Showcasing as much as it does Marr’s “Class of One” resonant guitar tone, this is not to suggest that the guitarist doesn’t adequately stretch on The Messenger. More here than on any previous recording I’ve heard, Marr sneakily incorporates some of his widely varied influences. The intro to the album’s lead track, “The Right Thing” sounds like it could have been lifted off The Who’s Quadrophenia before it shifts into an exuberant, sixities-esque call-and-response anthem. People are always saying that such and such a song is “like a drug,” but in the case of “The Right Thing,” it’s like an aural shot of your favorite upper. If you can’t find your groove to this song, you’re probably dead from the neck up.
The super-adrenalized “I Want the Heart Beat” dabbles in a minor chord, almost industrial feel without ever loosening its roots in pure ‘80s dance pop. “Upstarts,” the album’s first single, reminds me of those classic, early singles by The Undertones, which is probably not an accident, because those guys were sort of the Kings of Post Punk/New Wave Protest Songs, and I’m sure Marr was /is a fan. “Lockdown” is a rich, sonic blast of classic British rock, with Marr experimenting with a bit of a Big Country meets Def Leppard-esque chord progression – very nice!
Both “European Me” and the somewhat mournful, Bryan Ferry-tinged title track harkens back to the best of The Smiths (“William It Was Really Nothing,” “Panic”) with Marr’s vocals, as drenched as they likely are in reverb, as appealing and charismatic as Bono’s most earnest, pre-Messiah complex work with U2. Later on, the way Marr builds a creeping mood of foreboding on “Say Demesne” makes me think he should be (his contribution to Inception notwithstanding) writing soundtracks for James Bond films. Geesuz god, what a versatile player!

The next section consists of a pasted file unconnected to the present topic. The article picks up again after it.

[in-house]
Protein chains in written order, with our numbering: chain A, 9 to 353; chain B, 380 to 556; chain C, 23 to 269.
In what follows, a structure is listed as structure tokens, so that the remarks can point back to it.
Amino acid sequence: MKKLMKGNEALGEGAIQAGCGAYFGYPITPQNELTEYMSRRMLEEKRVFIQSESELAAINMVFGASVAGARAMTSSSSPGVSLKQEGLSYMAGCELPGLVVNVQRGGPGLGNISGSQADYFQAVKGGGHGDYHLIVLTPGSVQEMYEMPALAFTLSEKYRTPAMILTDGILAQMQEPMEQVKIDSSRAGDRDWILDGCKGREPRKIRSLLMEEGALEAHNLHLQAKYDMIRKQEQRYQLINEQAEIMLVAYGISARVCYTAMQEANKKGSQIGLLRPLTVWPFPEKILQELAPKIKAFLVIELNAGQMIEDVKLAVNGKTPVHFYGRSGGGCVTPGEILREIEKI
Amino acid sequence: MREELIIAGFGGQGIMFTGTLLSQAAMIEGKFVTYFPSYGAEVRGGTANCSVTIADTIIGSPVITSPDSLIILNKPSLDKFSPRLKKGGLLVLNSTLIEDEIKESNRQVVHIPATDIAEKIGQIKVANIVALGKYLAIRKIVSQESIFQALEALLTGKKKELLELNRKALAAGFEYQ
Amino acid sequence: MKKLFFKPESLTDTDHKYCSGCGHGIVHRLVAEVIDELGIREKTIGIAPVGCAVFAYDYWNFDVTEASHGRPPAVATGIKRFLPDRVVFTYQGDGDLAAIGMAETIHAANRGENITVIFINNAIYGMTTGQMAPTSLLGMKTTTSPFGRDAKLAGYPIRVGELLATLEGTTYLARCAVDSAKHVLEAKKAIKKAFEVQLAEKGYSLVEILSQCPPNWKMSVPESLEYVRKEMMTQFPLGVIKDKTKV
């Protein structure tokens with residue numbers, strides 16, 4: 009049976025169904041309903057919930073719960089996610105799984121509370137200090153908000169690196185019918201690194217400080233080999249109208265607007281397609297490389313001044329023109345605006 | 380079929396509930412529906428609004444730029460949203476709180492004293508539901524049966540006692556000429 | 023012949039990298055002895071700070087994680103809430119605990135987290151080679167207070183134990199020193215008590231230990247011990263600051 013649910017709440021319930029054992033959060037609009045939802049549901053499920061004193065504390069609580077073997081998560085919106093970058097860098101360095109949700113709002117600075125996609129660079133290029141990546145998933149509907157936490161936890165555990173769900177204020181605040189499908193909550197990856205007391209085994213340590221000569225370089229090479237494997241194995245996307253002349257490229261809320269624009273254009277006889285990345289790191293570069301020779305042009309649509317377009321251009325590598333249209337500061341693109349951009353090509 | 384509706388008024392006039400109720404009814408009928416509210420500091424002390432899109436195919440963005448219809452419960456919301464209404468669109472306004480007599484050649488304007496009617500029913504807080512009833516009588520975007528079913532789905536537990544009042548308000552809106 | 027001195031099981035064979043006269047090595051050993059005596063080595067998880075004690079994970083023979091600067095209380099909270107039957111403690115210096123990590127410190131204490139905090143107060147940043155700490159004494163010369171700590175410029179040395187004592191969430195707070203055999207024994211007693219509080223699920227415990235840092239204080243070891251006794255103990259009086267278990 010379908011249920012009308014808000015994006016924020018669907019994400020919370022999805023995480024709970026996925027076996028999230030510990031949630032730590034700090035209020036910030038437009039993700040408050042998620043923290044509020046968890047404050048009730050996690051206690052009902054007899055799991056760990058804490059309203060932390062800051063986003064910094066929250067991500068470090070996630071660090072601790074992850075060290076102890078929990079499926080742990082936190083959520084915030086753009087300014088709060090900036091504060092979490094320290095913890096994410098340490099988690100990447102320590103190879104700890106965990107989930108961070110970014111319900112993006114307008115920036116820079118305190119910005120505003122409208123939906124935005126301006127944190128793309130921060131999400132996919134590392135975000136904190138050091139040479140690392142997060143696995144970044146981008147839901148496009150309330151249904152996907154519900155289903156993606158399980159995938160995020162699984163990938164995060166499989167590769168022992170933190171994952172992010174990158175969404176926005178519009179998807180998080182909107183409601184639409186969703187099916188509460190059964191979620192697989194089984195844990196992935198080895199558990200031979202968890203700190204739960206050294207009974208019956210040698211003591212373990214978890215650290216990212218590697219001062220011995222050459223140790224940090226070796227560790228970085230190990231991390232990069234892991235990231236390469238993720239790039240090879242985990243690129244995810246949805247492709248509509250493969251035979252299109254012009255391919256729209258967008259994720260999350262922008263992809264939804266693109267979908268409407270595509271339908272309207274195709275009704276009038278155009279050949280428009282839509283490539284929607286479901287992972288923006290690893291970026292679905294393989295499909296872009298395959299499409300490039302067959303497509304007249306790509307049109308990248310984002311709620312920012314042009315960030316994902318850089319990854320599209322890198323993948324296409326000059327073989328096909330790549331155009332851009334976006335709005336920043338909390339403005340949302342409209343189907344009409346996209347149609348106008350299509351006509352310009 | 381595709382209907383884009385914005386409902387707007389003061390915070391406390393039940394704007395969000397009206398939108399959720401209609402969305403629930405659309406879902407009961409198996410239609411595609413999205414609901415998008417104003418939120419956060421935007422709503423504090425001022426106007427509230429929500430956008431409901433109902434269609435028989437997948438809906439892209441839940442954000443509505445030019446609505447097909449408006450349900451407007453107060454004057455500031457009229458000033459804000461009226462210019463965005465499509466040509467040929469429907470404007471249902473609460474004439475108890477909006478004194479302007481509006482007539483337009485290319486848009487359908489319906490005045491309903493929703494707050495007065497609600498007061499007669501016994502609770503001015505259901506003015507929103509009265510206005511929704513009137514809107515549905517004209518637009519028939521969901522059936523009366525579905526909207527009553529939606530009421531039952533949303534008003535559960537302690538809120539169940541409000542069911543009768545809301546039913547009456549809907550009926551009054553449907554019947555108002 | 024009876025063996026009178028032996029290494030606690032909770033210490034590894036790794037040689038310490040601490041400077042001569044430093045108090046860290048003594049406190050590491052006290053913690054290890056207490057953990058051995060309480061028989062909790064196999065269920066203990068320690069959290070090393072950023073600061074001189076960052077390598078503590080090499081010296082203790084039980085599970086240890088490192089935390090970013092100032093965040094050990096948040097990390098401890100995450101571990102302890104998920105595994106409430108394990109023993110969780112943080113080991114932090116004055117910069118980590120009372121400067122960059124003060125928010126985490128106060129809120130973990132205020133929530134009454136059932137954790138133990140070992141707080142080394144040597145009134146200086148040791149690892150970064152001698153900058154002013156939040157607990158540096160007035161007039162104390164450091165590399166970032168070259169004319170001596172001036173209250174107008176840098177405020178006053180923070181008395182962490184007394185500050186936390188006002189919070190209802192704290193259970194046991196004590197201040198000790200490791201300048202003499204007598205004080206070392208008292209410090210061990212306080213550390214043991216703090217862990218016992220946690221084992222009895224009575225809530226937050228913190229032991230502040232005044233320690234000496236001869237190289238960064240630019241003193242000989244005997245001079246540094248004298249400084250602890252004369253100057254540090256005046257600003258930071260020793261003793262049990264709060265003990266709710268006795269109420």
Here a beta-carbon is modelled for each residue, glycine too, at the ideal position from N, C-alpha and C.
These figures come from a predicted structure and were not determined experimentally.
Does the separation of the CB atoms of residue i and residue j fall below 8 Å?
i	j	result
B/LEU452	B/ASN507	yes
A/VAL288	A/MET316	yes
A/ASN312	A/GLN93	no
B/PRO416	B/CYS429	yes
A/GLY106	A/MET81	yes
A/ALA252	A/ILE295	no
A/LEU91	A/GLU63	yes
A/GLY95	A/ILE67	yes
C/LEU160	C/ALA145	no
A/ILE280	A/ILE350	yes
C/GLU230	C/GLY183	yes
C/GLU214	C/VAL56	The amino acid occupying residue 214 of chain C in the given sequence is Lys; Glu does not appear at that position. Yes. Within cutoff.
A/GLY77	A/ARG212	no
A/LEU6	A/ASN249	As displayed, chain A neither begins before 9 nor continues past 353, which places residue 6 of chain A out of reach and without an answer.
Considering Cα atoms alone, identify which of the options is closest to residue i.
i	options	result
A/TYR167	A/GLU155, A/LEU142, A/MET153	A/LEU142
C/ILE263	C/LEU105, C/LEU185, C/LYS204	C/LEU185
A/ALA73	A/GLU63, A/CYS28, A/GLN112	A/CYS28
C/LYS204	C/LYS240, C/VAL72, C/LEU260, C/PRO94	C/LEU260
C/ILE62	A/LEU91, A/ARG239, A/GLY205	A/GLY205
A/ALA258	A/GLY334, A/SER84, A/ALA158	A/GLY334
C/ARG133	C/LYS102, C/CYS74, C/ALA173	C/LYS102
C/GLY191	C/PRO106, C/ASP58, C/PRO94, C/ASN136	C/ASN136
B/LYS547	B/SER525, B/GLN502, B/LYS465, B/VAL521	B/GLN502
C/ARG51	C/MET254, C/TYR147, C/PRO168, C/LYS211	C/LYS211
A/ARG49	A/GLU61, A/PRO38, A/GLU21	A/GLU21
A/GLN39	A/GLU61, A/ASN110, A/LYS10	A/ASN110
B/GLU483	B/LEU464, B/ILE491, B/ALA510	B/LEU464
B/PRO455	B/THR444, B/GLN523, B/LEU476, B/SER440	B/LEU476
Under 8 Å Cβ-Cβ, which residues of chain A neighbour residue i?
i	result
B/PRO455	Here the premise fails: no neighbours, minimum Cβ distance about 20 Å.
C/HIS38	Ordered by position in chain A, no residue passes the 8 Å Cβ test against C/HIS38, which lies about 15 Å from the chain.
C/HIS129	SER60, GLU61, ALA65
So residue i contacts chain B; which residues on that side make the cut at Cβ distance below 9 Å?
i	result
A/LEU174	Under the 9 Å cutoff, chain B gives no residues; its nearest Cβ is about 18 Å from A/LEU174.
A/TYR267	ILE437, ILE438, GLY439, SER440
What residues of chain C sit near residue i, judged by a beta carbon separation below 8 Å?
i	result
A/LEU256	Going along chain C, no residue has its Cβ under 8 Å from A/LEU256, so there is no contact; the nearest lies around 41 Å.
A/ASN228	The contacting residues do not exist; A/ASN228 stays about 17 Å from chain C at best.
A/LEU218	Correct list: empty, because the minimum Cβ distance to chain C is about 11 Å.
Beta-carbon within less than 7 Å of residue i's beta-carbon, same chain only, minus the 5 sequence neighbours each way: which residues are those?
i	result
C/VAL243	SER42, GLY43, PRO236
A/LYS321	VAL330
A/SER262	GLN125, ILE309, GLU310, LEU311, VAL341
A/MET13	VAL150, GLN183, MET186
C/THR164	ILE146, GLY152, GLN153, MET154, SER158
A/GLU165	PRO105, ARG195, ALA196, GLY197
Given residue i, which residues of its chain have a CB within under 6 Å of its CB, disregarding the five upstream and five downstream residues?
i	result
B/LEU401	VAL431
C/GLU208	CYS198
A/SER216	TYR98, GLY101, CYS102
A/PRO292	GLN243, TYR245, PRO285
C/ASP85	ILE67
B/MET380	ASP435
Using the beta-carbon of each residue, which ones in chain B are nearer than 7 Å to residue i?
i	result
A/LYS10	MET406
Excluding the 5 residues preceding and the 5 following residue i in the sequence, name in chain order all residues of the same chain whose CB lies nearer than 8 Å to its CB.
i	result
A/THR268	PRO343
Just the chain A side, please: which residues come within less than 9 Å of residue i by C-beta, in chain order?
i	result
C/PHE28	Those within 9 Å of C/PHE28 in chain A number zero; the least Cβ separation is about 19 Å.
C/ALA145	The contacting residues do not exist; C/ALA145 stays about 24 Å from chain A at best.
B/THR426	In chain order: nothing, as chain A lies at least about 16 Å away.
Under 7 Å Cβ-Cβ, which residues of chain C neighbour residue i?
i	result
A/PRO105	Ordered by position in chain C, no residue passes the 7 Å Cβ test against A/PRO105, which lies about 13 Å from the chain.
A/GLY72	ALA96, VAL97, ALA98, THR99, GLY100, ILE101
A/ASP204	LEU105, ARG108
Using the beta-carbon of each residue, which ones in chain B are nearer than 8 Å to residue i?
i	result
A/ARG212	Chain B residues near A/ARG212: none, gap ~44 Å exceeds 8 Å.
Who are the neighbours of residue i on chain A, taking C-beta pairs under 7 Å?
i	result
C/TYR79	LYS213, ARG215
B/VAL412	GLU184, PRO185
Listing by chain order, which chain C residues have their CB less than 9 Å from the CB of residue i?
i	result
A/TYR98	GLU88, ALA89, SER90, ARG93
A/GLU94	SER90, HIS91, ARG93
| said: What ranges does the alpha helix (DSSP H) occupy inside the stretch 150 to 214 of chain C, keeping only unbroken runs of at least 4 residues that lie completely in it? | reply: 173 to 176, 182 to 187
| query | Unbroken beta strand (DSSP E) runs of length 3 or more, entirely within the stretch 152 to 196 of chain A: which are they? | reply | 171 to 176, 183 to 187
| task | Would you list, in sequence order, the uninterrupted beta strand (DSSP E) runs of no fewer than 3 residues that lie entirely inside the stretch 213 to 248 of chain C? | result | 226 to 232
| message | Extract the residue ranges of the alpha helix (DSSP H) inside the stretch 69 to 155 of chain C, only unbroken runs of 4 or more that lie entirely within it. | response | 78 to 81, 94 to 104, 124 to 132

What I really love about The Messenger, as a complete work, is that it takes no initial “breaking in” period before each song claims its own identity. There are twelve tracks on the CD and each one is amazing in its own way. Unless Tame Impala release an album this year, I am pretty sure The Messenger will top my list of favorites for 2013. Johnny Marr FTW!
On this date, September 28th in 1987, The Smiths released their 4th and final studio album, Strangeways, Here We Come. The record includes two of my favorite Smiths tracks, “Death of a Disco Dancer” — on which Morrissey plays the piano, making it the only Smiths album to feature Morrissey playing a musical instrument — and “Paint a Vulgar Picture,” both of which are just brilliance distilled.
Morrissey (born Steven Patrick Morrissey), singer for The Smiths and worldwide Gay Icon was born on this day, May 22nd, in 1959. If you pay attention to this blog at all, or if you were lucky enough to know me back in the eighties, then you don’t need to be reminded of how important The Smiths were to me back in the day. I was so gay for them. Interviewing Smiths’ guitarist Johnny Marr was definitely one of the highlights of my life and career. Later on, I am going to play The Queen is Dead over and over until my eardrums cry out for mercy. Happy Birthday, Mozz!